Location tracking is a tremendous feature on iPhone and Android, but the data is also easily abused. Privacy-conscious smartphone users will probably want to limit the collection of precise location data as much as possible. Apple’s iPhone has features that allow users to protect their privacy. These include the ability to use fake geotags for iPhone photos you share with others to protect the real location of those images.
It’s easy to manage the Camera app’s access to location data on iPhone. It’s also easy to remove location data from individual photos or groups of photos. And you’ll need to follow the same easy steps to add fake location data to photos before sharing them with others.
Disable the iPhone Camera’s access to location data
There are valid reasons for adding location data to photos, and the Camera app can do it by default. That is if you agreed to allow the app to access your location data when you set up the iPhone. Or by going into the Settings app at any point thereafter.
But you should know that the location data will travel with any shared photos if you choose not to remove it when sharing images. As GadgetHacks points out, anyone could access that location data once the photos make it to social media.
The easiest way to block location information from iPhone photos is to go to the Settings app and disable access. Head to the Privacy & Security menu, look for the Location Services menu, and then scroll for the Camera menu.
In it, you’ll want to disable Precise Location. And you can also set location access to Never. In such a case, you don’t have to worry about creating fake geotags for the iPhone photos you want to share.
The problem with this method is that you’re not benefiting from location data that you might want to have associated with most photos. Thankfully, there are ways to fix that.
Delete location information from individual iPhone photos
If you want the Camera app to add location data to all your photos, you will ignore the step above. Instead, you’ll want to develop another habit: removing geotags from photos when sharing them with others or posting on social media.
Head to the Photos app, open the share menu, and then tap on Options. In it, you’ll find a Location toggle that you can turn off when sharing. This ensures the geotagging information doesn’t leave the phone.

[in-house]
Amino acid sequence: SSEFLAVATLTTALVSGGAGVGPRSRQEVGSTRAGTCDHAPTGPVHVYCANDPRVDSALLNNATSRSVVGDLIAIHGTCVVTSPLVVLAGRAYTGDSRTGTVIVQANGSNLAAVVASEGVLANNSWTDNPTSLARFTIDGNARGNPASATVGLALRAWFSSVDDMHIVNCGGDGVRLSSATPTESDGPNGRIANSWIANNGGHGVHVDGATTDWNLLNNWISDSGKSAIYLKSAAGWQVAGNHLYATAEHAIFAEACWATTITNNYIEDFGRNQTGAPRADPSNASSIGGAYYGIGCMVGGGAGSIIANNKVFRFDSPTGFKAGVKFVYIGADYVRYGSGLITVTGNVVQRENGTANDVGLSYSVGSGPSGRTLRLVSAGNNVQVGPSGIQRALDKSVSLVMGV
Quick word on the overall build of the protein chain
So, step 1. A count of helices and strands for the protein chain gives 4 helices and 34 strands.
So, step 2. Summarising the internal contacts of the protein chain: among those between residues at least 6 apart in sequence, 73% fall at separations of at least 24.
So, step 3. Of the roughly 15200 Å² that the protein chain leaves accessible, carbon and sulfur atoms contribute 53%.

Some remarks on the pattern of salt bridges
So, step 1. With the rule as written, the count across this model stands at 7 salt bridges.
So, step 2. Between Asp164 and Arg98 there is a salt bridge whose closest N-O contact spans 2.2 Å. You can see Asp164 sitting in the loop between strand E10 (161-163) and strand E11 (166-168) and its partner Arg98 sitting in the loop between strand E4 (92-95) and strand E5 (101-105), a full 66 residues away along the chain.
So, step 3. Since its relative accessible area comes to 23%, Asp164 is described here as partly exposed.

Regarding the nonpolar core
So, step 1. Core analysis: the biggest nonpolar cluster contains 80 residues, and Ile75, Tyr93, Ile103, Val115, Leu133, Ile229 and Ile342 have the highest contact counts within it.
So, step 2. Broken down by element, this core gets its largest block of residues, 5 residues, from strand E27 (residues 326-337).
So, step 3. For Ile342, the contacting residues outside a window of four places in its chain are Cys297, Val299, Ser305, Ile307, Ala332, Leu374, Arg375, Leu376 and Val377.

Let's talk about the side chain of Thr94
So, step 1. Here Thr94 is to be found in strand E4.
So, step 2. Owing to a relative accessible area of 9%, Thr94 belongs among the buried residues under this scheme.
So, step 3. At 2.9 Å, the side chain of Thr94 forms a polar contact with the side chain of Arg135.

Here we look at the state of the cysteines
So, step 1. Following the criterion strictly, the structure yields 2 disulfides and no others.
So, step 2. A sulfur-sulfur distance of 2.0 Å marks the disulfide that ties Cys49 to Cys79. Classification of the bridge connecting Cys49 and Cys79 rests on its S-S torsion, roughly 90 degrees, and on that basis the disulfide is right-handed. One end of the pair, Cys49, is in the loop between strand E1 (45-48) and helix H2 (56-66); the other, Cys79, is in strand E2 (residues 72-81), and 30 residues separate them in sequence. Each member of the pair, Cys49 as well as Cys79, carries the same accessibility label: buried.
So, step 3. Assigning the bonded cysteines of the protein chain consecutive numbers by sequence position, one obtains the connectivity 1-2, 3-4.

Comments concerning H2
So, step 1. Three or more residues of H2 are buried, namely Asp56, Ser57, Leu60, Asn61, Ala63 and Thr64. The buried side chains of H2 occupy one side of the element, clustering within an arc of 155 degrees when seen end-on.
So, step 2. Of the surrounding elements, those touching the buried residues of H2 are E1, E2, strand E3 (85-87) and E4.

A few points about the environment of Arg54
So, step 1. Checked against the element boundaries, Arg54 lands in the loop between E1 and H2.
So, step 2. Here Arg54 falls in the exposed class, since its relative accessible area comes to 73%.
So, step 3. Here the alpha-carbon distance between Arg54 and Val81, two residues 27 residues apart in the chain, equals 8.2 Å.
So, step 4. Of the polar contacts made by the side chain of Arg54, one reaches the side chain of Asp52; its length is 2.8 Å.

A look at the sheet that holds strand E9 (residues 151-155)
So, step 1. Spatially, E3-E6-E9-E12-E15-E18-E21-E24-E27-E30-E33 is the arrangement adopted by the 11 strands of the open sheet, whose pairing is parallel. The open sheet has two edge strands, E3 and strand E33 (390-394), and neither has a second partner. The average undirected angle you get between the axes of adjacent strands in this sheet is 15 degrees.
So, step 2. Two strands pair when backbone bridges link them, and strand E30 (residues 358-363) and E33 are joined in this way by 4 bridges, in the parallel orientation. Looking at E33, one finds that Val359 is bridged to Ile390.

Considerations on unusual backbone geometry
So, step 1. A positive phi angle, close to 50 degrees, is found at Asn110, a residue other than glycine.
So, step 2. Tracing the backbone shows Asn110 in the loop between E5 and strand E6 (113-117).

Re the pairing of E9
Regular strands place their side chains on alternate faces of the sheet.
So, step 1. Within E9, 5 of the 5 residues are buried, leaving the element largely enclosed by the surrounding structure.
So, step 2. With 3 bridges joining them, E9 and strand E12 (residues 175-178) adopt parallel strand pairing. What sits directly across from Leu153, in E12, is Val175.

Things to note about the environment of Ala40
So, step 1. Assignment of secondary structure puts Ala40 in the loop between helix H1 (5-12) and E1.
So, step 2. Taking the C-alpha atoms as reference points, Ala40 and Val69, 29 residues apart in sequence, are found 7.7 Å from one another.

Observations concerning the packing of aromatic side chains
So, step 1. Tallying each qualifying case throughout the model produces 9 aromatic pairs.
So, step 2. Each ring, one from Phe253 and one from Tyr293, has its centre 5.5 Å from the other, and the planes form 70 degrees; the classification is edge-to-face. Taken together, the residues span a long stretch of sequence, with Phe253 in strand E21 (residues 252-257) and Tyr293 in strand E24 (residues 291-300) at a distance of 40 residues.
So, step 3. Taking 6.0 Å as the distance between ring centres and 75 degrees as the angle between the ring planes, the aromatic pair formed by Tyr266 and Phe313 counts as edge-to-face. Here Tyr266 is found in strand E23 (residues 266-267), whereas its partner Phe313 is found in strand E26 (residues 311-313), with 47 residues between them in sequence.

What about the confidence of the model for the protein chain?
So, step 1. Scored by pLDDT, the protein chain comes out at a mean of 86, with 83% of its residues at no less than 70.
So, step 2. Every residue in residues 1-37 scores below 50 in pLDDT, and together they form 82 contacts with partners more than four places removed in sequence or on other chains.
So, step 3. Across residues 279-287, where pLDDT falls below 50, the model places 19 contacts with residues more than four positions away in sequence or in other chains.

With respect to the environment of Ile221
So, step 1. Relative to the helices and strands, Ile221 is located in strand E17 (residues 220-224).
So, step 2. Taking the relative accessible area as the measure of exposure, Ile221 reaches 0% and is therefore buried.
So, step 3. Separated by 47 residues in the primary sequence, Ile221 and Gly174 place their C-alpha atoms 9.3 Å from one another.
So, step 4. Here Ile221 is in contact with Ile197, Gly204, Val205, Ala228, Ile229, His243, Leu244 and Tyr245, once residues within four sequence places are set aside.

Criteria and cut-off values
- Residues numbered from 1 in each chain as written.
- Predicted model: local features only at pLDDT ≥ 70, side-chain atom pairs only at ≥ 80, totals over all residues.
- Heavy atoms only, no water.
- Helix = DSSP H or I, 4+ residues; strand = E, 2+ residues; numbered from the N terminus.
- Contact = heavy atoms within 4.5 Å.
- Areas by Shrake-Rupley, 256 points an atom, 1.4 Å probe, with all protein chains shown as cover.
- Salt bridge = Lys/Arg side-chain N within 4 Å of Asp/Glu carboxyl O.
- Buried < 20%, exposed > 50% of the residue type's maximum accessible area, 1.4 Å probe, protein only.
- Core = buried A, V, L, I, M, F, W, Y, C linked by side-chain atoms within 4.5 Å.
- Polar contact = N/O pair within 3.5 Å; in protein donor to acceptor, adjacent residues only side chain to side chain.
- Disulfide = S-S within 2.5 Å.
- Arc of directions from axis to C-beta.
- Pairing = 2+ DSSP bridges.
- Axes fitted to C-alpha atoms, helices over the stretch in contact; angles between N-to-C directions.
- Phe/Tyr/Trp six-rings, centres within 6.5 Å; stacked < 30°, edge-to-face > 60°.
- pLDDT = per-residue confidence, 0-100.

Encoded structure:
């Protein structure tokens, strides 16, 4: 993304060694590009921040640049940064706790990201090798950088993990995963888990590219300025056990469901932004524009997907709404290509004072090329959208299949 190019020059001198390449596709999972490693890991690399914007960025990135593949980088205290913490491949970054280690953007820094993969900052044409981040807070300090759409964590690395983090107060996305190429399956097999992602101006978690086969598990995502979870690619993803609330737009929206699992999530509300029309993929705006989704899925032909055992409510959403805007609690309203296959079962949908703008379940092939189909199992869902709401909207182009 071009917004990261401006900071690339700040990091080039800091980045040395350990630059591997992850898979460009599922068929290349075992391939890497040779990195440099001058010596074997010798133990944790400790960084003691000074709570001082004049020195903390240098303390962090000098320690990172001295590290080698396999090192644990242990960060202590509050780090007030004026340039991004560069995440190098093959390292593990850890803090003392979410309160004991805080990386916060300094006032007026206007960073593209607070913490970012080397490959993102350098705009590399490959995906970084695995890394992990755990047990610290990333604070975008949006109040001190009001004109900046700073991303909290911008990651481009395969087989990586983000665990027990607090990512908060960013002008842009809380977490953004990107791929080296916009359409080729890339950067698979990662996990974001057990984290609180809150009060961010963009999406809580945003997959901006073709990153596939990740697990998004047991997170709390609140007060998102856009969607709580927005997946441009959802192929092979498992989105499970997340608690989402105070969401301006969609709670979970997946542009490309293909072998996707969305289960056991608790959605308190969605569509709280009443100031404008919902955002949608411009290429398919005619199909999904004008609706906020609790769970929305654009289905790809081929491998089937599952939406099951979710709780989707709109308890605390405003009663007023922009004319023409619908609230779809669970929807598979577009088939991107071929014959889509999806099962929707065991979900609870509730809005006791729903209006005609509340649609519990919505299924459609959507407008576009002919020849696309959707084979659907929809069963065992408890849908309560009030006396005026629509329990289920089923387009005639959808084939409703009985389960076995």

This works with photos and videos and multiple selections. It might be tedious, especially when sharing content in a hurry. But this habit will protect your privacy in the long run.
There’s another step that lets you delete the actual location information from specific photos and videos.
Tap on an image in the Photos app in iOS 16 and look for the Adjust Location menu. This will open a menu that lets you select a No Location option for the photos and videos that don’t need location data. In iOS 15, you’ll have to swipe up on the image to reveal the metadata. Then look for the same No Location menu in the Adjust menu.
The good news is that the same steps will let you Revert the location information for those photos and videos.
How to add fake geotags to iPhone to protect location information
Finally, the step above lets you add fake geotags to photos and videos. The point of the feature isn’t to falsify location information for your photos and videos. iOS simply lets you to add data to photos and videos in case you forgot to enable geotagging. As I said, location information can be valuable for all sorts of reasons for the iPhone owner.
But if the feature lets you add real location data to iPhone photos and videos, it means you can also add fake geotags. Nobody will judge you or stop you from doing it.
Head to the same Adjust Location menu as described in the previous step. Then use the search bar to add a new map location. You’ll find suggestions appearing below the search bar, and you can select the one that meets your needs.
This step works when selecting a single photo, video, or multiple items.
As before, the good news is that you can revert to the actual location of the photo or video with the fake geotag. Just look for the Revert button in the same menu.
The same steps in this guide work in iPadOS when sharing images on the iPad.
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